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Ray Lewis avoids talk of report on deer spray

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Ray Lewis avoids talk of report on deer spray

NEW ORLEANS (AP) Of all the topics Baltimore Ravens linebacker Ray Lewis wanted to talk about at Super Bowl media day, deer-antler spray probably was not on the list.

He declined to directly address in any detail Tuesday questions about a Sports Illustrated report that he sought help from a company that makes the unorthodox product to speed up his recovery from a torn right triceps. Lewis was the NFL's leading tackler in the playoffs after missing 10 regular-season games with the injury.

The company, Sports With Alternatives To Steroids (SWATS), says its deer-antler substance contains a banned performance-enhancer connected to human growth hormone.

The 37-year-old Lewis, who has announced he will retire after playing against the San Francisco 49ers in Sunday's Super Bowl, dismissed the report as ``stupidity.''

Sport Illustrated reported that SWATS owner Mitch Ross recorded a call with Lewis hours after the player hurt his arm in an October game against Dallas. According to the report, Lewis asked Ross to send him deer-antler spray and pills, along with other products made by the company.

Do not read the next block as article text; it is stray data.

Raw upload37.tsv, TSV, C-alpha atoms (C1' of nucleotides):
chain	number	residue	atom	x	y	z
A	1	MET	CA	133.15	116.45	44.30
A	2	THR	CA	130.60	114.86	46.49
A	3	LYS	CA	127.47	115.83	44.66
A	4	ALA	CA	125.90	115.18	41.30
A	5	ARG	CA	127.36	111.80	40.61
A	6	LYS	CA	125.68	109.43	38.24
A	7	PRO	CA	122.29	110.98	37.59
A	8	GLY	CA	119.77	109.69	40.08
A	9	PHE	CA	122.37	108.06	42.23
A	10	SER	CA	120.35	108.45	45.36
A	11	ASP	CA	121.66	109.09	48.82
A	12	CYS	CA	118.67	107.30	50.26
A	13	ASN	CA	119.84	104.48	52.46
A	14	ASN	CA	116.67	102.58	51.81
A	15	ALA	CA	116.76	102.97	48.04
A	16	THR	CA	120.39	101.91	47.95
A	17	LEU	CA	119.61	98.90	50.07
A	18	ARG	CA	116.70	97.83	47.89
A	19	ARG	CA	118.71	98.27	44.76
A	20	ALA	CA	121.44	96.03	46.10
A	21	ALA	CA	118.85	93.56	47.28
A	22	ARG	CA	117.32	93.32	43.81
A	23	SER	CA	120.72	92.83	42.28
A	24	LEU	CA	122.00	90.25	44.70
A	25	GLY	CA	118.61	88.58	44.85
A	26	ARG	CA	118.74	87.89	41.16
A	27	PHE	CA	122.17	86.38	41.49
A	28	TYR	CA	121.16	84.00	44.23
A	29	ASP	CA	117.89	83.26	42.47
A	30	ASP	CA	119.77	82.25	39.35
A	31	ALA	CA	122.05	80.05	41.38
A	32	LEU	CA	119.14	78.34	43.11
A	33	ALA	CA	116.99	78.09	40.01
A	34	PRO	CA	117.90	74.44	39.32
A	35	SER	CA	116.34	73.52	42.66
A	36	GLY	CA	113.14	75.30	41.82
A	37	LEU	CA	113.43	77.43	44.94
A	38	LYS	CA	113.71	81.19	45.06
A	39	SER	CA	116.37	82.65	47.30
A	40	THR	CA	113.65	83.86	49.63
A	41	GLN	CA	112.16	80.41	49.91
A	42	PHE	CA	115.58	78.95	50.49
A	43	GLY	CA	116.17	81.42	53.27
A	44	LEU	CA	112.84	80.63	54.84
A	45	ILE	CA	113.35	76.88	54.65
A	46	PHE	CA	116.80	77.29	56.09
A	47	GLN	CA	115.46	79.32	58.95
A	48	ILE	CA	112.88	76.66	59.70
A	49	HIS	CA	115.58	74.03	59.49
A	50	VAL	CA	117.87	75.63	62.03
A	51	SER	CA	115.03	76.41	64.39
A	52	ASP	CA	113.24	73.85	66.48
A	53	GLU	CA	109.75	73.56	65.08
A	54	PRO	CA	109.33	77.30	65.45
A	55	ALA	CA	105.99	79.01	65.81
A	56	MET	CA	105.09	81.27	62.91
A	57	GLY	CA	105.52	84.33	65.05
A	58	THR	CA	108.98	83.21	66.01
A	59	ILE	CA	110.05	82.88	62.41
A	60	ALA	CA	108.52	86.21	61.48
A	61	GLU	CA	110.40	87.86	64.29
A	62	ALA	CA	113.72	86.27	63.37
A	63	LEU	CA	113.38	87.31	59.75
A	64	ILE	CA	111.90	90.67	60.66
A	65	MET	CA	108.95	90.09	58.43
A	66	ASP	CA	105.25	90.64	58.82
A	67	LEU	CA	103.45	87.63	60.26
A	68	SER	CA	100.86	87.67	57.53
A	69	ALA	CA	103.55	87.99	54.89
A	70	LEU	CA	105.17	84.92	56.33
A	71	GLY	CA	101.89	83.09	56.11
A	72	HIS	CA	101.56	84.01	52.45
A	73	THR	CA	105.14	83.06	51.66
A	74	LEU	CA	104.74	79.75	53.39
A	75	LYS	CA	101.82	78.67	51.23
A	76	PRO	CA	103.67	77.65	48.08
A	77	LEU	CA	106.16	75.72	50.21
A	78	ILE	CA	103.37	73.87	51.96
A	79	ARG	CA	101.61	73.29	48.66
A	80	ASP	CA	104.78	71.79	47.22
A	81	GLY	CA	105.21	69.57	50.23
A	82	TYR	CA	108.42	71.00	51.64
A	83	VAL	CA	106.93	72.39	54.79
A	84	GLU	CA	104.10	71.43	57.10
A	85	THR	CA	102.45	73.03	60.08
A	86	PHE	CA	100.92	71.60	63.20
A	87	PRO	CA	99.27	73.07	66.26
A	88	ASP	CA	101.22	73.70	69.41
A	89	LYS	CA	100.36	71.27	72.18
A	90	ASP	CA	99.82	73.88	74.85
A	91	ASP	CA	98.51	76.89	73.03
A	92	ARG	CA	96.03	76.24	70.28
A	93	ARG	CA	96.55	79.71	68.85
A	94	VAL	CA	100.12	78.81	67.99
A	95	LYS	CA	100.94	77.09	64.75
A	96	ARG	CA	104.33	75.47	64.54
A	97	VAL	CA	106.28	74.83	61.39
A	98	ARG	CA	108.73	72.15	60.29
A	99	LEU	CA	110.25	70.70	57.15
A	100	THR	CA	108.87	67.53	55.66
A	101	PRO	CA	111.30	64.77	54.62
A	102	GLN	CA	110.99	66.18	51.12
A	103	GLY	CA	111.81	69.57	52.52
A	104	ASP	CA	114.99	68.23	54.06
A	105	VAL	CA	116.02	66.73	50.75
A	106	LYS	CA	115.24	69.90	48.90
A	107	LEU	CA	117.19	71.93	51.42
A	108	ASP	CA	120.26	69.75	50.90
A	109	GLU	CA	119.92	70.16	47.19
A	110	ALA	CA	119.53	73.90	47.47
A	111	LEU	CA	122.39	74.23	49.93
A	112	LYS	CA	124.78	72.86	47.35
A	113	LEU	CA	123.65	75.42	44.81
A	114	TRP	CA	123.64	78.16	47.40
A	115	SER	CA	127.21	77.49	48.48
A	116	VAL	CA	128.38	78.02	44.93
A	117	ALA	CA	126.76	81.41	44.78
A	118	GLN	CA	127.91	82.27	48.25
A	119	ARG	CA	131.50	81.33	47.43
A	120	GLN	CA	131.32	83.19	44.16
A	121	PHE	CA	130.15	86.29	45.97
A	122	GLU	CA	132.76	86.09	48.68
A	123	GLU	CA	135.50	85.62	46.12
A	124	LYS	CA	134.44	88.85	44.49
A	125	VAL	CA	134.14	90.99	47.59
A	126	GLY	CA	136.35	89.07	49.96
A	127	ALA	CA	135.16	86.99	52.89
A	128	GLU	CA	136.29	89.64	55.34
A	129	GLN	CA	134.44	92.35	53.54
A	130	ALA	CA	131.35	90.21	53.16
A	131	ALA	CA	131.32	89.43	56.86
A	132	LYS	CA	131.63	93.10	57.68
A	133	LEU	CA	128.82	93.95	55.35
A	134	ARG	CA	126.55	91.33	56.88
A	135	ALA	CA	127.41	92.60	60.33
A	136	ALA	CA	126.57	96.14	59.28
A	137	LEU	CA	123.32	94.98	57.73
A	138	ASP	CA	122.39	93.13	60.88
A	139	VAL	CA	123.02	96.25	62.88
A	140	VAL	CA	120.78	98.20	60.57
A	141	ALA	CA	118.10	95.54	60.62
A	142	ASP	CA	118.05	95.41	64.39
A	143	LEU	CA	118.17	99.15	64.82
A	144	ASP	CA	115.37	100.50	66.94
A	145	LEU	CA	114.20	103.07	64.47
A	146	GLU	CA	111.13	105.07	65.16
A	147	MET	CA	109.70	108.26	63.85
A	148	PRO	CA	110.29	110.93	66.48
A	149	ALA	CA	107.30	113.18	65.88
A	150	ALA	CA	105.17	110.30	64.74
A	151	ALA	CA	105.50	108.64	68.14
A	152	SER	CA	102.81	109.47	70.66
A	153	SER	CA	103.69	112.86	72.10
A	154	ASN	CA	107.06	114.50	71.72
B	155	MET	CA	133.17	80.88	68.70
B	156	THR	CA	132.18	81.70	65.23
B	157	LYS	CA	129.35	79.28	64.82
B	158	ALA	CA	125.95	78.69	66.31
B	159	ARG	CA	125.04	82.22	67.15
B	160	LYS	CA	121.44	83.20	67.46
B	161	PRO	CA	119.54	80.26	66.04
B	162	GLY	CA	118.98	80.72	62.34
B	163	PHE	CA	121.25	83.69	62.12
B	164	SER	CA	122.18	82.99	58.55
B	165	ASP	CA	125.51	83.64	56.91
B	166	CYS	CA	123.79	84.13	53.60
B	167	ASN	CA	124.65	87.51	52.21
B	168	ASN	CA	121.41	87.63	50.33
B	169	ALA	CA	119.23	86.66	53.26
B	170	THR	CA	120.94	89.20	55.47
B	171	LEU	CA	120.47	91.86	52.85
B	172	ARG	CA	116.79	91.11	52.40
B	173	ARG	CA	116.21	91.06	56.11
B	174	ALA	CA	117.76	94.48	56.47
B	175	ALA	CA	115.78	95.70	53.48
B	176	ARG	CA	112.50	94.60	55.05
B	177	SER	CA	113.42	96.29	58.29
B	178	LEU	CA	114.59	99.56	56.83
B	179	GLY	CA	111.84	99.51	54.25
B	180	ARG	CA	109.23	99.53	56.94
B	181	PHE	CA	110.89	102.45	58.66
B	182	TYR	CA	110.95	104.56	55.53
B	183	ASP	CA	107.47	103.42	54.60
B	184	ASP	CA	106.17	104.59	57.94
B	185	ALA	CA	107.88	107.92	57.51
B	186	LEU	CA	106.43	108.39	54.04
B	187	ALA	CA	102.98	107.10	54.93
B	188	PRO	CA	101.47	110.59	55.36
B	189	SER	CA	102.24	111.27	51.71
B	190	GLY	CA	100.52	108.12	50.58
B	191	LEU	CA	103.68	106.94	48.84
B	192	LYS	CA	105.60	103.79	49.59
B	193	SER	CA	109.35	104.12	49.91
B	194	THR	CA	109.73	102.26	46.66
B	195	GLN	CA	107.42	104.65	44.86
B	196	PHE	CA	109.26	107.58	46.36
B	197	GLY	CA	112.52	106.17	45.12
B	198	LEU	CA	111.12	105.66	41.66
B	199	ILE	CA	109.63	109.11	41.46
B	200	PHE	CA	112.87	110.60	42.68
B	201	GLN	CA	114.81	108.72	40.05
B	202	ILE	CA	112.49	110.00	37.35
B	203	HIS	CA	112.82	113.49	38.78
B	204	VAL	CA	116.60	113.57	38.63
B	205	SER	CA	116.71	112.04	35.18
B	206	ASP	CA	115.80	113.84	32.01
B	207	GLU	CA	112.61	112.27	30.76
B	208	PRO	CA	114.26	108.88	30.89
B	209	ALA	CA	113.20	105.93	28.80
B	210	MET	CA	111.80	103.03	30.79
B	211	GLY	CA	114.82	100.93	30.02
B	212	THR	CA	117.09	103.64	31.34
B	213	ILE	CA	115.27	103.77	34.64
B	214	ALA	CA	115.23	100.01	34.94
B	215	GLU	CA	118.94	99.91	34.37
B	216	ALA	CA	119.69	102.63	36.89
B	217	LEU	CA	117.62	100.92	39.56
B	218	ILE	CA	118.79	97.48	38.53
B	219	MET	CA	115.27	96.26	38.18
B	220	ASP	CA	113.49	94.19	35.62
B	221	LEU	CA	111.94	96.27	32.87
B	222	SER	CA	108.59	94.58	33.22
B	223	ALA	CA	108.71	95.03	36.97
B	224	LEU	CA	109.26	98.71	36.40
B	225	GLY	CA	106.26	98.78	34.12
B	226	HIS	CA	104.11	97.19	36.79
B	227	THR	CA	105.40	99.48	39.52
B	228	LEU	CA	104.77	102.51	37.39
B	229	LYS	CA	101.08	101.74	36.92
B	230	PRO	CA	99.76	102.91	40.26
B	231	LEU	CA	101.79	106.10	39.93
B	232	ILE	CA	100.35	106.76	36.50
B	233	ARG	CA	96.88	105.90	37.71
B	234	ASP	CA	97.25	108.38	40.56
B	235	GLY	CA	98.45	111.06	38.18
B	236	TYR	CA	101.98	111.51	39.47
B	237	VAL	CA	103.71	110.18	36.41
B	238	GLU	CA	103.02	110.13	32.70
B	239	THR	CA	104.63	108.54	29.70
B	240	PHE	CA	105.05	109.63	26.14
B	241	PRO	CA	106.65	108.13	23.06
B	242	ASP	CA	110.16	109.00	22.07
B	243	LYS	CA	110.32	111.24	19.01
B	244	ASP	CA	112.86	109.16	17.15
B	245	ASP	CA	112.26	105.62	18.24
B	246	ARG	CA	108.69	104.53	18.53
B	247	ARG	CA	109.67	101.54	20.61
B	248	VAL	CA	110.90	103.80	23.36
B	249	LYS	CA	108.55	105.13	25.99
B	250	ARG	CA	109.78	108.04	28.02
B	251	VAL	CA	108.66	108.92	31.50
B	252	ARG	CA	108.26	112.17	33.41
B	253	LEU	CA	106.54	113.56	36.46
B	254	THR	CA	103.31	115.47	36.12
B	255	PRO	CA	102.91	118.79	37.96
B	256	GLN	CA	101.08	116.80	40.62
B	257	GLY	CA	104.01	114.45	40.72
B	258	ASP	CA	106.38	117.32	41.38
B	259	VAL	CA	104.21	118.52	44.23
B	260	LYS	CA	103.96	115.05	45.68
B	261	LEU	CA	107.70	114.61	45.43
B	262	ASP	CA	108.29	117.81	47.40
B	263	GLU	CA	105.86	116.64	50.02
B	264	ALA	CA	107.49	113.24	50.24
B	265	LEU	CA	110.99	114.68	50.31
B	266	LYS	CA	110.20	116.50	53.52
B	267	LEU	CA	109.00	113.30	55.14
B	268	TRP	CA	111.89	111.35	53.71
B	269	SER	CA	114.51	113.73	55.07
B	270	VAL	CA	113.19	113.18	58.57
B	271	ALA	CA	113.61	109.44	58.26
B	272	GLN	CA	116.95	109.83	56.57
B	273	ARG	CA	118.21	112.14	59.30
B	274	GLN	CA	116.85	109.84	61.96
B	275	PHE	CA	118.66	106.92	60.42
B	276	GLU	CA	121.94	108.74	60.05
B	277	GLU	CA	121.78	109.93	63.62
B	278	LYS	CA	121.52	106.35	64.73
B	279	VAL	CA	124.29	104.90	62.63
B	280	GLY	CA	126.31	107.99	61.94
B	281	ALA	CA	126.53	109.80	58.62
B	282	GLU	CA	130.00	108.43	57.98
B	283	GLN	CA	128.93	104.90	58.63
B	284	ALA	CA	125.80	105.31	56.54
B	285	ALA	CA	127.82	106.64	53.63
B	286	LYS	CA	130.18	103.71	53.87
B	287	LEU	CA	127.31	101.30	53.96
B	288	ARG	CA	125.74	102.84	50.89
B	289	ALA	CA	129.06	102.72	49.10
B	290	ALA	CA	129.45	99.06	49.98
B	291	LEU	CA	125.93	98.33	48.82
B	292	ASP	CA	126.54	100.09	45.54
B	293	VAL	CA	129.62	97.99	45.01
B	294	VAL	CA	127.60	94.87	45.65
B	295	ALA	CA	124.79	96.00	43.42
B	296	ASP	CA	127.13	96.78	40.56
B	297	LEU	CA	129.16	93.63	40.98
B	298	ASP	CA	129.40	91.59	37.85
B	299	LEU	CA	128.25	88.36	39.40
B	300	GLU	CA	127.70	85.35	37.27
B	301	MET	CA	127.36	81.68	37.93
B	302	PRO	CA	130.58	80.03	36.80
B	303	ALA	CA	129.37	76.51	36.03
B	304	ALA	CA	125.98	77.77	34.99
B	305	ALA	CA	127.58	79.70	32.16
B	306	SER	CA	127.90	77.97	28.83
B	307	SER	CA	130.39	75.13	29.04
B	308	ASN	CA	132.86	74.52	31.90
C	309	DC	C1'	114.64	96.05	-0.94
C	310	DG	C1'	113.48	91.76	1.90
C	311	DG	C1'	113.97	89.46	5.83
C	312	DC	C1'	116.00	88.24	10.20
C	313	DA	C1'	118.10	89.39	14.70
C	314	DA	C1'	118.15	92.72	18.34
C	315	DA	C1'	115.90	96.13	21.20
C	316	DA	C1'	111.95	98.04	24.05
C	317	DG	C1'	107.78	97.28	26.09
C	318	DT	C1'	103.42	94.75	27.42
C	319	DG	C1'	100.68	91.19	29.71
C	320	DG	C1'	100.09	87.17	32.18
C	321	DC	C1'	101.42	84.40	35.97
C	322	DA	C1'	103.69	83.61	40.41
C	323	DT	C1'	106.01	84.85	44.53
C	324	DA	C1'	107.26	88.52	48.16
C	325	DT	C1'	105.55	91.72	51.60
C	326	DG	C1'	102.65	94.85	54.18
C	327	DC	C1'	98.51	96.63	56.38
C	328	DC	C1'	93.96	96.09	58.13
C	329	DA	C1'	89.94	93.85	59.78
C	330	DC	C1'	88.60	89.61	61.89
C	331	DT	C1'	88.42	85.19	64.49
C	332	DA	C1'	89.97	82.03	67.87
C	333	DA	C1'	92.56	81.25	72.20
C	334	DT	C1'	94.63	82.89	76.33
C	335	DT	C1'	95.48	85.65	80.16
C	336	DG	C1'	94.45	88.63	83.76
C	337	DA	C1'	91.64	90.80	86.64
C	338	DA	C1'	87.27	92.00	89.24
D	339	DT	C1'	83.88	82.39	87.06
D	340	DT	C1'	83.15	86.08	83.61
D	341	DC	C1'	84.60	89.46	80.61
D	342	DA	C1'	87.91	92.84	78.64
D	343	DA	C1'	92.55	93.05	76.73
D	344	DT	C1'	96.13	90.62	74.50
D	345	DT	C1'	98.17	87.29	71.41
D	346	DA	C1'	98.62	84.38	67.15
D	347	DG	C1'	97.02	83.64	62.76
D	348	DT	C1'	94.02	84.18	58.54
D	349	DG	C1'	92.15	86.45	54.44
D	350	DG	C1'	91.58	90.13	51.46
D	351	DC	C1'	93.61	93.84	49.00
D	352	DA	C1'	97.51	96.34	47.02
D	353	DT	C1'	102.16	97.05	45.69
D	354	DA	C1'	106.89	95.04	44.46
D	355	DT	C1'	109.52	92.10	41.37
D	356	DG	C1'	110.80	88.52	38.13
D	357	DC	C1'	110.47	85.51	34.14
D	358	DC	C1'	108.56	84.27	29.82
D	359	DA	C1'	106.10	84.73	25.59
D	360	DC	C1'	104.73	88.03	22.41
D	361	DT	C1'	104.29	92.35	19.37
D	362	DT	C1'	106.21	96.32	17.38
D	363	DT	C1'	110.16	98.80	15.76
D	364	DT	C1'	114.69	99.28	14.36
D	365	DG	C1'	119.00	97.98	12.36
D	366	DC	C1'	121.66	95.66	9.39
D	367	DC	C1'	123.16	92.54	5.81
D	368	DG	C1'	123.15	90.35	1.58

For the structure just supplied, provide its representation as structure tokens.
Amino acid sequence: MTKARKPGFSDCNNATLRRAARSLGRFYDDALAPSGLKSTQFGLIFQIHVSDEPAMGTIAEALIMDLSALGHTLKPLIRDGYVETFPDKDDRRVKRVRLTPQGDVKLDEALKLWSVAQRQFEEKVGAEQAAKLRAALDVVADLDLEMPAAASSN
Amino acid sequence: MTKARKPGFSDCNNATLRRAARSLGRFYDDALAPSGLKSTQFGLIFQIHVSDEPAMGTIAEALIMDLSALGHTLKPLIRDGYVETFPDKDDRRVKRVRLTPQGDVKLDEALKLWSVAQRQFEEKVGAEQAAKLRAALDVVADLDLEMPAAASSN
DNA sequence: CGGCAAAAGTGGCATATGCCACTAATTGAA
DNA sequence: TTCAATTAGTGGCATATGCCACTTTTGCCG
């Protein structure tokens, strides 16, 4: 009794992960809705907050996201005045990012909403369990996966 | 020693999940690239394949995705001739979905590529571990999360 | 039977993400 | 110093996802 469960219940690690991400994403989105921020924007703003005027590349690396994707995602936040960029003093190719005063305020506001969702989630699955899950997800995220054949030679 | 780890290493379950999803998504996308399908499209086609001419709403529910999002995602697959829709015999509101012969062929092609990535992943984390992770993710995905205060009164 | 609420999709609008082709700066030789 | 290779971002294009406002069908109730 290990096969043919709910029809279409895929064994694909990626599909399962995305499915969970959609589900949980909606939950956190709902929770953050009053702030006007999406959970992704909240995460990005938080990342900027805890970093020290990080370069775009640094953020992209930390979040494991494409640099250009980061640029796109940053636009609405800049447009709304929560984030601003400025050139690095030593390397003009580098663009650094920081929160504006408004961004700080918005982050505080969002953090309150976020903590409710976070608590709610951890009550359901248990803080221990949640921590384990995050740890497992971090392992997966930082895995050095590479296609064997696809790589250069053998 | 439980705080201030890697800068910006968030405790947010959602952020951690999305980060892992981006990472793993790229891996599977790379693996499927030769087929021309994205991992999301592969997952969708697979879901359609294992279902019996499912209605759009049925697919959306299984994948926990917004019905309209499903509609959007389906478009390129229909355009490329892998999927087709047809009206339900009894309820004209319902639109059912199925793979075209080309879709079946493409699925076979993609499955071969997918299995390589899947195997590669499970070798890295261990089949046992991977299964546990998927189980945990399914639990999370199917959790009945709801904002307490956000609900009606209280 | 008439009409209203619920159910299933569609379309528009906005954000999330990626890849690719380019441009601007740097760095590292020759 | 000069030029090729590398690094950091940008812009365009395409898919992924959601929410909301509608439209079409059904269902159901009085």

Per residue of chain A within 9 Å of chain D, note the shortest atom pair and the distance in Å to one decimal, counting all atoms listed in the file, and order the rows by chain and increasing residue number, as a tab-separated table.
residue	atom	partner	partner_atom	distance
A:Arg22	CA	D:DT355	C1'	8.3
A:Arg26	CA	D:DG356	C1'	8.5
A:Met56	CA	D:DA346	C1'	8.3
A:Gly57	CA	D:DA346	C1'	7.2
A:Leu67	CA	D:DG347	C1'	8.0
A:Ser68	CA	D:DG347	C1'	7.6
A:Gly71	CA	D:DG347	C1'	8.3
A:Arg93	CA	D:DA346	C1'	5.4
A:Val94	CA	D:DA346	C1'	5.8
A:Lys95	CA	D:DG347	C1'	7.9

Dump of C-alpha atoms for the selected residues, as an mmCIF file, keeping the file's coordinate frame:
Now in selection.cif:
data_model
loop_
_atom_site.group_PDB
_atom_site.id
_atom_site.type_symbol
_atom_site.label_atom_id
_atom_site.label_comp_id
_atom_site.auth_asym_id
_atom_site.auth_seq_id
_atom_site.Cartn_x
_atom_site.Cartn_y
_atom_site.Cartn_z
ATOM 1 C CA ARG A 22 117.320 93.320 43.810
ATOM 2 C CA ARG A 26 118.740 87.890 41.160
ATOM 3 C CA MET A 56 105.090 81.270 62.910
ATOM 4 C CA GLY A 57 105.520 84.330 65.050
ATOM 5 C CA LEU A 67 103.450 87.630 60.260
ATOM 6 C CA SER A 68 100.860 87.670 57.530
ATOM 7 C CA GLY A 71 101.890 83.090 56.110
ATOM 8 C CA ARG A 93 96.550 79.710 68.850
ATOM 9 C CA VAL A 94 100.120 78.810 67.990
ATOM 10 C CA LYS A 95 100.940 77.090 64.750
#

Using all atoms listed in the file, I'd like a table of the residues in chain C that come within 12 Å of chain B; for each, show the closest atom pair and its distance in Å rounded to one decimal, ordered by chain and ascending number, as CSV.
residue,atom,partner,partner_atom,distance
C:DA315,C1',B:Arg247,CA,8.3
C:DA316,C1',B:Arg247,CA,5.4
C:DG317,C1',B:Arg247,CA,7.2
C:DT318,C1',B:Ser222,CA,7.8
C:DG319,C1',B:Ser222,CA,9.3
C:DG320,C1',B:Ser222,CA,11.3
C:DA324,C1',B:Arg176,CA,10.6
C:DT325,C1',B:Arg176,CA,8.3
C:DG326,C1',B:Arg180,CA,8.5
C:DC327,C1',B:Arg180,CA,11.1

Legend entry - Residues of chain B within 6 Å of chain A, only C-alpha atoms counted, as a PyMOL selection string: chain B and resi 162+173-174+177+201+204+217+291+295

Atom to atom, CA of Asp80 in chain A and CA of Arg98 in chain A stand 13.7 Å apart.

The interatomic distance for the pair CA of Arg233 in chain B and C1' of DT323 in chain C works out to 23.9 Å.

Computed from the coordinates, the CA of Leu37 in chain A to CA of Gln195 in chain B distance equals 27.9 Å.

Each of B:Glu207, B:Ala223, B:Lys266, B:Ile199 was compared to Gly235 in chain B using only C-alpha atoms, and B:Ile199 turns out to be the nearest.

The magazine also said that when it spoke to Lewis for its story, he acknowledged asking Ross for ``some more of the regular stuff'' on the night of the injury and that he has been associated with the company ``for a couple years through Hue Jackson.''

Jackson is a former Ravens quarterbacks coach - and later head coach of the Oakland Raiders. Two years ago he stopped endorsing SWATS because his ties to the company violated NFL rules.

``That was a 2-year-old story that you want me to refresh ... so I won't even speak about it,'' Lewis said Tuesday. ``Because I've been in this business 17 years, and nobody has ever got up with me every morning and trained with me. Every test I've ever took in the NFL - there's never been a question of if I ever even thought about using anything. So to even entertain stupidity like that. ...''

The NFL didn't immediately respond to a request for comment, and NFL Players Association spokesman George Atallah declined comment.

``The team knew about this report. Ray denies taking anything and has always passed tests,'' Ravens spokesman Kevin Byrne said.

Baltimore coach John Harbaugh said he found out about the SI story during the team's bus ride to the Superdome for media day.

``I have not talked to Ray about that personally,'' Harbaugh said. ``What I do know about that is Ray has worked incredibly and extremely hard to get back, so I hate to see anything diminish the work ethic that he's put in to get to where he is right now. And my understanding is Ray has passed every random, you know, substance test that he's taken throughout the course of his whole career. So there's never been a test that's shown up anything along those lines.''